Round-up of AfPak news, Petraeus edition.
Petraeus may recommend Obama shelve July 2011 deadline. At his confirmation hearing, Gen. David Petraeus told senators that while he currently endorses Obama's strategy, he may, based on the situation he finds on the ground in Afghanistan, propose "tweaks, refinements, [and] perhaps some significant changes" to that strategy later in the year. When defending the rationale for the deadline, Petraeus said, "I'm convinced it was not just for domestic political purposes. It was for audiences in Kabul, who, again, needed to be reminded that we won't be there forever." [AP]
NYT: Petraeus honeymoon won't last. Gen. David Petraeus will assume command in Kabul with more support in Washington than any of his predecessors enjoyed, but he nonetheless faces challenges that will vex even a general of his talent, writes New York Times Kabul Bureau Chief Alyssa Rubin. These challenges, which include fighting a war where no-one is sure who is winning or losing, an unsteady Afghan president unwilling to take action against corruption, and an unreliable partner in Pakistan, could make Afghanistan a more difficult problem to solve for Petraeus than Iraq was three years ago. [NYT]
Petraeus: U.S. troops' rules of engagement to be reviewed. Front-line troops had criticized Petraeus's predecessor, Gen. Stanley McChrystal, for restricting the use of airstrikes and artillery in their battles with insurgents. They believed these constraints, intended to minimize Afghan civilian casualties, endangered their safety. At his Senate confirmation hearing, Petraeus called the protection of U.S. troops a "moral imperative" and said he would ensure U.S. troops' rules of engagement would keep both them and Afghans out of harm's way. [NYT]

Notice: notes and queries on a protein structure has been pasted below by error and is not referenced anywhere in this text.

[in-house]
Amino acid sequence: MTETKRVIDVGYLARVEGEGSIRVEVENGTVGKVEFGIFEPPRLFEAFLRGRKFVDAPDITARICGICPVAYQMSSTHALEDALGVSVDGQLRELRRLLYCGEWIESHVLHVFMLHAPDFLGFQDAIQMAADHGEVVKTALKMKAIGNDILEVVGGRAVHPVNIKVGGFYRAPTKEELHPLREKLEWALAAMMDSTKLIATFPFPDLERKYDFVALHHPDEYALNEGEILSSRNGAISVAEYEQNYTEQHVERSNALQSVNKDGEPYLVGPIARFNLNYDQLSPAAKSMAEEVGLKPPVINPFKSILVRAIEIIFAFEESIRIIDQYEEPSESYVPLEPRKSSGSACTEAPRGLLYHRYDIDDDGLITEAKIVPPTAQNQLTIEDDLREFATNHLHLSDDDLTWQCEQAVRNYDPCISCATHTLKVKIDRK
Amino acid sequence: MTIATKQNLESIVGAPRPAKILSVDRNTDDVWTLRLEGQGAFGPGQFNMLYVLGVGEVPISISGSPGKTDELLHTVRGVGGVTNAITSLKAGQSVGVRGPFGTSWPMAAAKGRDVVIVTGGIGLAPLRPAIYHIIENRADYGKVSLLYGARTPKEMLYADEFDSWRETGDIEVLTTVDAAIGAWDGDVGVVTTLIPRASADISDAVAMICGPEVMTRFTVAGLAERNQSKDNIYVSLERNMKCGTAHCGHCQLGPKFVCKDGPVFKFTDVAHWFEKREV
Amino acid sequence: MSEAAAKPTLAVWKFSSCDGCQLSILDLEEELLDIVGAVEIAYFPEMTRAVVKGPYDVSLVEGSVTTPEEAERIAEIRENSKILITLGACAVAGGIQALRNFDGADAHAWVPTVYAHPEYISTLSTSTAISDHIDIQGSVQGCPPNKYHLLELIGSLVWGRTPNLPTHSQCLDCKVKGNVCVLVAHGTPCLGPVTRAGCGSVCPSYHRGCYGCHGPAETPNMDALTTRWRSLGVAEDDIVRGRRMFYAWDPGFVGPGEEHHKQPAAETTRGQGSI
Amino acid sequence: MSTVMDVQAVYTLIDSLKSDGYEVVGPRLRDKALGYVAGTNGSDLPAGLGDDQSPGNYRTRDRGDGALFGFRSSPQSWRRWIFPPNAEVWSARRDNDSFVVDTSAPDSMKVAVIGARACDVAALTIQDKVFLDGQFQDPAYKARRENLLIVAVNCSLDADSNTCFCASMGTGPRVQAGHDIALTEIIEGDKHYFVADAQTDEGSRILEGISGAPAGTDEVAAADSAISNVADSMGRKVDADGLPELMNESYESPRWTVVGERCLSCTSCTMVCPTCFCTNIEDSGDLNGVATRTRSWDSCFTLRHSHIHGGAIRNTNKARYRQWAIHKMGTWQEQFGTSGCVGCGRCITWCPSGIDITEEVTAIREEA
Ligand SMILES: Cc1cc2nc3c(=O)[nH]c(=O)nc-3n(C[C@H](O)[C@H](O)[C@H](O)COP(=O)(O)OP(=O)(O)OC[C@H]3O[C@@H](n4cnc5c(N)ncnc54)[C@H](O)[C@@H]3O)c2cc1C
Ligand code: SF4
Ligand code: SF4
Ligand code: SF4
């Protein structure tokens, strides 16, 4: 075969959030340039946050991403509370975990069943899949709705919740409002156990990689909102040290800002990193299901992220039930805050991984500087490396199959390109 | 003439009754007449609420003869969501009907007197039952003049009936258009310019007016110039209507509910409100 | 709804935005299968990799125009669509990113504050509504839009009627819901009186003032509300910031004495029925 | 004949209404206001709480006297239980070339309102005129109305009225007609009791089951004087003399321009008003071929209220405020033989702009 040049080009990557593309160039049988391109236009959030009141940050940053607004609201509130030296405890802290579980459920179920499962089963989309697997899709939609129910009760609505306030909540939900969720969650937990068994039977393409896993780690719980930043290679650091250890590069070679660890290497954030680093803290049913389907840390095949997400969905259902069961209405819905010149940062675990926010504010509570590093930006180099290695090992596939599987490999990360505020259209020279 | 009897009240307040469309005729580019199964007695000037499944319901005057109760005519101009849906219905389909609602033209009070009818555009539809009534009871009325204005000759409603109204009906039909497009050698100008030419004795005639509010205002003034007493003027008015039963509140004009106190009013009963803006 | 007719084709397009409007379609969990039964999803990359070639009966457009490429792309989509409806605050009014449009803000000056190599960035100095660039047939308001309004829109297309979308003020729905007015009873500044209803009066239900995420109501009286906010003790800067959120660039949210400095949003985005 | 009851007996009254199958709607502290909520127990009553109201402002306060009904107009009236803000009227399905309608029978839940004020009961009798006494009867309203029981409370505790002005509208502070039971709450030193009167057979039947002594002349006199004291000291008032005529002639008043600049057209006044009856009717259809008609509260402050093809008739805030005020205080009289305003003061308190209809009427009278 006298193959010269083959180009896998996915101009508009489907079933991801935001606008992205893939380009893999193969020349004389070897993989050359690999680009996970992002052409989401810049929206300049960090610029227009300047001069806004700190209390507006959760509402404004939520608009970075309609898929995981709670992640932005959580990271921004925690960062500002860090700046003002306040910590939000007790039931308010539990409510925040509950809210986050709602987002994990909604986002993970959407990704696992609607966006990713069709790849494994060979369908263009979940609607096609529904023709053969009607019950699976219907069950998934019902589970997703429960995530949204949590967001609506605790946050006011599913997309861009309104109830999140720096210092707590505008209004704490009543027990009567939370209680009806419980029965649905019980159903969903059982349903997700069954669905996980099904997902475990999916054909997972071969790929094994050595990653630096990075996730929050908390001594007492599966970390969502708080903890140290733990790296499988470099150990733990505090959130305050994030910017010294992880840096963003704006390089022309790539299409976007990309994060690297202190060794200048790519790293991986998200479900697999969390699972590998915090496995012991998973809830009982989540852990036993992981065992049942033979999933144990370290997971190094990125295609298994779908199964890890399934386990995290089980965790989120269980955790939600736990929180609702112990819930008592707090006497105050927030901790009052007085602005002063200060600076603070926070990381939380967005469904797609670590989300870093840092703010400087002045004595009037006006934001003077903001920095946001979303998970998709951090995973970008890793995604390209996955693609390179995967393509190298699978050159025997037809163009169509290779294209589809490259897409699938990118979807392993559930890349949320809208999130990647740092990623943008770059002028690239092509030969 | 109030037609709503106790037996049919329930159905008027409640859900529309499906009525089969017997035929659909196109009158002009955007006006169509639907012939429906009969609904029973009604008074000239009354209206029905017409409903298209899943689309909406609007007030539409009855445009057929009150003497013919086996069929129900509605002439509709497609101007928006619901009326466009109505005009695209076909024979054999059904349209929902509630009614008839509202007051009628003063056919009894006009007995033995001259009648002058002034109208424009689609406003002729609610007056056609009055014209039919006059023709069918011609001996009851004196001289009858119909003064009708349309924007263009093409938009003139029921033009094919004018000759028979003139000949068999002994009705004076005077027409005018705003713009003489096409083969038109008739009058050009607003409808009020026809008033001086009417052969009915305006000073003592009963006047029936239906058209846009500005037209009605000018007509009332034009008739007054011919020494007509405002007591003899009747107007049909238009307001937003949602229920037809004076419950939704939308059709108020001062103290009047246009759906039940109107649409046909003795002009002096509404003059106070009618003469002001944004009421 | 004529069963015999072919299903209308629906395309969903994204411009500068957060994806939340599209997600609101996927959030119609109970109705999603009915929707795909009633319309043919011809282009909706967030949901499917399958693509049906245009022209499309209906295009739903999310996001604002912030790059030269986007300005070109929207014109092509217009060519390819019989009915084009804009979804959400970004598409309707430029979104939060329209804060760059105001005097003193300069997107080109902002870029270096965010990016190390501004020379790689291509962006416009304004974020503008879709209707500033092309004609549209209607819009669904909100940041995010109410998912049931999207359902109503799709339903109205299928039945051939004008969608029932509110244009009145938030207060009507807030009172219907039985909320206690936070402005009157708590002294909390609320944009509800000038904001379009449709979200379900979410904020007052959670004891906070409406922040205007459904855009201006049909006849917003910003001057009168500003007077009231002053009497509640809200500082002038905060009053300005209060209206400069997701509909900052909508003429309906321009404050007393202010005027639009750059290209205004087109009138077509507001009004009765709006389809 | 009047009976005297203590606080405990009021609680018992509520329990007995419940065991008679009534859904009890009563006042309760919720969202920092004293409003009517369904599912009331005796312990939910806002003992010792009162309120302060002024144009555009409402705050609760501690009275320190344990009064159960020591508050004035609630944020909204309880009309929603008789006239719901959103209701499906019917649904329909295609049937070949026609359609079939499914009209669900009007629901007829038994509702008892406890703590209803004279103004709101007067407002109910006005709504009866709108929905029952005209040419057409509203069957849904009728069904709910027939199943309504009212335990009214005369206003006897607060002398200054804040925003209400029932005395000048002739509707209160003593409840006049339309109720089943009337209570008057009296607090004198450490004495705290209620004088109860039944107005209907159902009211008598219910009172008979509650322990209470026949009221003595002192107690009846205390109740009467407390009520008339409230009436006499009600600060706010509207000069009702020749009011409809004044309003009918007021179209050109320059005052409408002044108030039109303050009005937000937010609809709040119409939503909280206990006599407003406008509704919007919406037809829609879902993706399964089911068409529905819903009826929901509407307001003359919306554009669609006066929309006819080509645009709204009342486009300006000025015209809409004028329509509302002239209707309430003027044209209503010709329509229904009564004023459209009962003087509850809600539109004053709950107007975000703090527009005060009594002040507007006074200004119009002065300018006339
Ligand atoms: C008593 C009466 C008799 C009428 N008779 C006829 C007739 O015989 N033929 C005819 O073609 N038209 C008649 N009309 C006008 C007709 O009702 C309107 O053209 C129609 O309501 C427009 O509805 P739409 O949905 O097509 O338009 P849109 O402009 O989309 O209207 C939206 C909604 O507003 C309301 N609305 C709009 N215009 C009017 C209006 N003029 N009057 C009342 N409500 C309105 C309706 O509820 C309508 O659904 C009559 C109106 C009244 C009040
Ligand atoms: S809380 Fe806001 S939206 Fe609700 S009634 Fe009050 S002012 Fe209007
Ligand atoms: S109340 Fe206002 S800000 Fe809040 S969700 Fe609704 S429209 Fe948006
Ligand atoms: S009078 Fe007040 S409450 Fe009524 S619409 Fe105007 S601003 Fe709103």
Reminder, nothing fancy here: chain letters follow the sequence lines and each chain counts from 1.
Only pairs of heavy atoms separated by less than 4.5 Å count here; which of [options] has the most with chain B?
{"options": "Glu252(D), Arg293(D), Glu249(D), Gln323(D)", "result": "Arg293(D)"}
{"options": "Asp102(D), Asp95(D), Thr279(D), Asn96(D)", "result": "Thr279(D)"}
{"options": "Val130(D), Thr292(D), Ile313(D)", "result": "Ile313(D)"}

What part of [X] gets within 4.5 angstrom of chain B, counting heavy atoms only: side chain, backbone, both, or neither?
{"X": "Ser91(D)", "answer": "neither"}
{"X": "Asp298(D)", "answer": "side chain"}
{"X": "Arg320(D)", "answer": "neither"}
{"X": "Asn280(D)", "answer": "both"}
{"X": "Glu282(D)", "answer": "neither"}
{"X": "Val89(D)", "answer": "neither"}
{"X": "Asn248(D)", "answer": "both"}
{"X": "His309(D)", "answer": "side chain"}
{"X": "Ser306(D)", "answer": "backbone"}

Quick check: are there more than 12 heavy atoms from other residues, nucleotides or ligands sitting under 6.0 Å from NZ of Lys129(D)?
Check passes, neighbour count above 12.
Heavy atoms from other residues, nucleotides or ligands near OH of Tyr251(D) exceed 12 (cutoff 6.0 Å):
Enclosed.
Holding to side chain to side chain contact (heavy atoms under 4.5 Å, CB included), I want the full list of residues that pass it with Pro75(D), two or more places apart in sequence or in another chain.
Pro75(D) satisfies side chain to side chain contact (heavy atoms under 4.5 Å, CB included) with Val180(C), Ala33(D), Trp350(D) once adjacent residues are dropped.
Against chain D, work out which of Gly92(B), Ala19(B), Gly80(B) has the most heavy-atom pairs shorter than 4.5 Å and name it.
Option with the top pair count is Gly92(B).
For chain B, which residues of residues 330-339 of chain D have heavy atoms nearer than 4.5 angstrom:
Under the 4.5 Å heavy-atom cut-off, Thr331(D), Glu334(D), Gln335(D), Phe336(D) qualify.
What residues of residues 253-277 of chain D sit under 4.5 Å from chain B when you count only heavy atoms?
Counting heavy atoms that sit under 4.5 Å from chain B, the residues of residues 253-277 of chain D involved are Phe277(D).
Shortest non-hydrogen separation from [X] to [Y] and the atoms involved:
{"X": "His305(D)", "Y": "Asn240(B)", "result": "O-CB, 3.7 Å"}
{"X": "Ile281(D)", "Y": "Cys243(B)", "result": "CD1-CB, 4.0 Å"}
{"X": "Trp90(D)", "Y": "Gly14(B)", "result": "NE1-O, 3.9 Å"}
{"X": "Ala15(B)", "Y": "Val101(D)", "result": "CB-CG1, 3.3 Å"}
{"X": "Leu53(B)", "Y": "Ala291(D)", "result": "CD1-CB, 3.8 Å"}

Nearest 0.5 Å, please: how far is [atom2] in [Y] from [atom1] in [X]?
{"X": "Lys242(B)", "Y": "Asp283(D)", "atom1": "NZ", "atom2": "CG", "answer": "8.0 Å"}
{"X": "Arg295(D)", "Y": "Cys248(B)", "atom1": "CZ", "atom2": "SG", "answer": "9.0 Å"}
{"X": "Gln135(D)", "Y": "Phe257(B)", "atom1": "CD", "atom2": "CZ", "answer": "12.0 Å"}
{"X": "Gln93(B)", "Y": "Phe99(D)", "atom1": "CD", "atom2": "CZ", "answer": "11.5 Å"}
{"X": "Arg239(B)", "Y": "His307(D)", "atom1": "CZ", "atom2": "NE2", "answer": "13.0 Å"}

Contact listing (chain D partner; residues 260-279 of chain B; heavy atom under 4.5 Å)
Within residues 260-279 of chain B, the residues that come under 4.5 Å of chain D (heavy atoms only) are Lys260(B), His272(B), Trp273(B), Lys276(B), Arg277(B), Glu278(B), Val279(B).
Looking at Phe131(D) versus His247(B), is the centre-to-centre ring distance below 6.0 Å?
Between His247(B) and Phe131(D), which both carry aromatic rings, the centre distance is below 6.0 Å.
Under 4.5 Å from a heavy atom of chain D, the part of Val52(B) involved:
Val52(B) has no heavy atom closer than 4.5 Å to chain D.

Afghan Attorney-General complains Eikenberry pressured him to prosecute corruption cases. Mohammed Ishaq Aloko claimed that the U.S. Ambassador to Afghanistan threatened to have him fired if he did not prosecute a former cabinet minister and a senior Afghan banker, both of whom have been linked to a multi-million dollar extortion scheme. He made the allegation a day after the Washington Post reported that, according to U.S. officials, the Afghan government is shielding those close to Afghan President Hamid Karzai from corruption charges. [NYT, WashPo]
McChrystal gets to keep fourth star. Because the former Afghan commander had only served at four-star rank for one year, President Obama had to intervene directly to ensure McChrystal retains the rank when he retires from the armed services later this month. Obama's intervention allows McChrystal to claim a more generous pension. [AFP]